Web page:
High luminous flux from single crystal phosphor-converted laser-based white lighting system
Farrell, Robert M.
Speck, James S.
DenBaars, Steven P.
KAUST Grant NumberSB140014
Online Publication Date2015-12-14
Print Publication Date2016-01-25
Permanent link to this recordhttp://hdl.handle.net/10754/598472
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AbstractThe efficiency droop of light emitting diodes (LEDs) with increasing current density limits the amount of light emitted per wafer area. Since low current densities are required for high efficiency operation, many LED die are needed for high power white light illumination systems. In contrast, the carrier density of laser diodes (LDs) clamps at threshold, so the efficiency of LDs does not droop above threshold and high efficiencies can be achieved at very high current densities. The use of a high power blue GaN-based LD coupled with a single crystal Ce-doped yttrium aluminum garnet (YAG:Ce) sample was investigated for white light illumination applications. Under CW operation, a single phosphor-converted LD (pc-LD) die produced a peak luminous efficacy of 86.7 lm/W at 1.4 A and 4.24 V and a peak luminous flux of 1100 lm at 3.0 A and 4.85 V with a luminous efficacy of 75.6 lm/W. Simulations of a pc-LD confirm that the single crystal YAG:Ce sample did not experience thermal quenching at peak LD operating efficiency. These results show that a single pc-LD die is capable of emitting enough luminous flux for use in a high power white light illumination system.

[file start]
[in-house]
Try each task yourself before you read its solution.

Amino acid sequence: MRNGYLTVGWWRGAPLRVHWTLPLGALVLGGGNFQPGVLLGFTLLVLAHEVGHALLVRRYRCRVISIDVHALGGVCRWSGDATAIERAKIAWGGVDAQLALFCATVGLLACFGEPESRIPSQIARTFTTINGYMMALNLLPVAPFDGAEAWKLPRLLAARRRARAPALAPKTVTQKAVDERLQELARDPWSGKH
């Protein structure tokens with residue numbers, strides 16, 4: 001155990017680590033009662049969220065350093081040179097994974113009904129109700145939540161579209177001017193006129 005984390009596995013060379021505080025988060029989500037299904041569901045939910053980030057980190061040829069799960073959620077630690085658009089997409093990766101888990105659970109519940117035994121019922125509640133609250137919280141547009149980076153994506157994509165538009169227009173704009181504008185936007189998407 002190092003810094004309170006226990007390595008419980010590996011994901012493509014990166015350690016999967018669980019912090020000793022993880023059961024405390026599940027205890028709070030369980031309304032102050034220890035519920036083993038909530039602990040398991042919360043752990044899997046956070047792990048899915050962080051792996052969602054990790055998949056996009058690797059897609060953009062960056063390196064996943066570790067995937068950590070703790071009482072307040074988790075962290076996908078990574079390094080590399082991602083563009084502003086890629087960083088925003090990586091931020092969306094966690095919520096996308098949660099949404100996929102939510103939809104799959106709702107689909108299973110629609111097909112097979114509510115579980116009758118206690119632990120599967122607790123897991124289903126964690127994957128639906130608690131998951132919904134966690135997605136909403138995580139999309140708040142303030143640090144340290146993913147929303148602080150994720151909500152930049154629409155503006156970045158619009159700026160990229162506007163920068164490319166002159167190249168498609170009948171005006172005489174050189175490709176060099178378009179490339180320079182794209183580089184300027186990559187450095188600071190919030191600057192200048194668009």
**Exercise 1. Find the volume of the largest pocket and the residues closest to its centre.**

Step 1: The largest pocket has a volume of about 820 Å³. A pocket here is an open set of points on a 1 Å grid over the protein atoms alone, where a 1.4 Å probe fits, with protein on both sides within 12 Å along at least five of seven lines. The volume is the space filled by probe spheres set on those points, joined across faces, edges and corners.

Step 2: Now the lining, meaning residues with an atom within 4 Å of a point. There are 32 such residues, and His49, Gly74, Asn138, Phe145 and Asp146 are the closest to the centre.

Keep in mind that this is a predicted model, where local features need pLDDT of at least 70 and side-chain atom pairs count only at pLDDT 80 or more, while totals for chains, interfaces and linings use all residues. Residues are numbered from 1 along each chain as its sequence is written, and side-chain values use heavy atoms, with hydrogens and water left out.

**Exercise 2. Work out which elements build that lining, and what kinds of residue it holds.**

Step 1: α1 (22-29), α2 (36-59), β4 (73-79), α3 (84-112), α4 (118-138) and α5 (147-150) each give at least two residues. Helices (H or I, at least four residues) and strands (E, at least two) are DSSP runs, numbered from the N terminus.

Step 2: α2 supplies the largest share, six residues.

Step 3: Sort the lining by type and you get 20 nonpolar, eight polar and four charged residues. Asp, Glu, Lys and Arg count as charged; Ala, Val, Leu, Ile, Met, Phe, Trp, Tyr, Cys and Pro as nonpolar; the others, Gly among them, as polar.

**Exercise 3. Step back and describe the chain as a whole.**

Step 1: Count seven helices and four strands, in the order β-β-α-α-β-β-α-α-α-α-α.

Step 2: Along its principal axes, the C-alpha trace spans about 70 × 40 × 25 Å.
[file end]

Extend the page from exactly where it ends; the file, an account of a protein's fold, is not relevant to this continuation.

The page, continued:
CitationCantore M, Pfaff N, Farrell RM, Speck JS, Nakamura S, et al. (2015) High luminous flux from single crystal phosphor-converted laser-based white lighting system. Optics Express 24: A215. Available: http://dx.doi.org/10.1364/oe.24.00a215.
SponsorsThis work was supported by the KACST(SB140013)-KAUST(SB140014)-UCSB Solid State Lighting Program (SSLP) and the Solid State Lighting & Energy Electronics Center. A portion of this work was done in the UCSB nanofabrication facility, part of the NSF NNIN network (ECS-0335765), as well as the UCSB Materials Research Lab, which is supported by the NSF MRSEC program (DMR-1121053).
PublisherThe Optical Society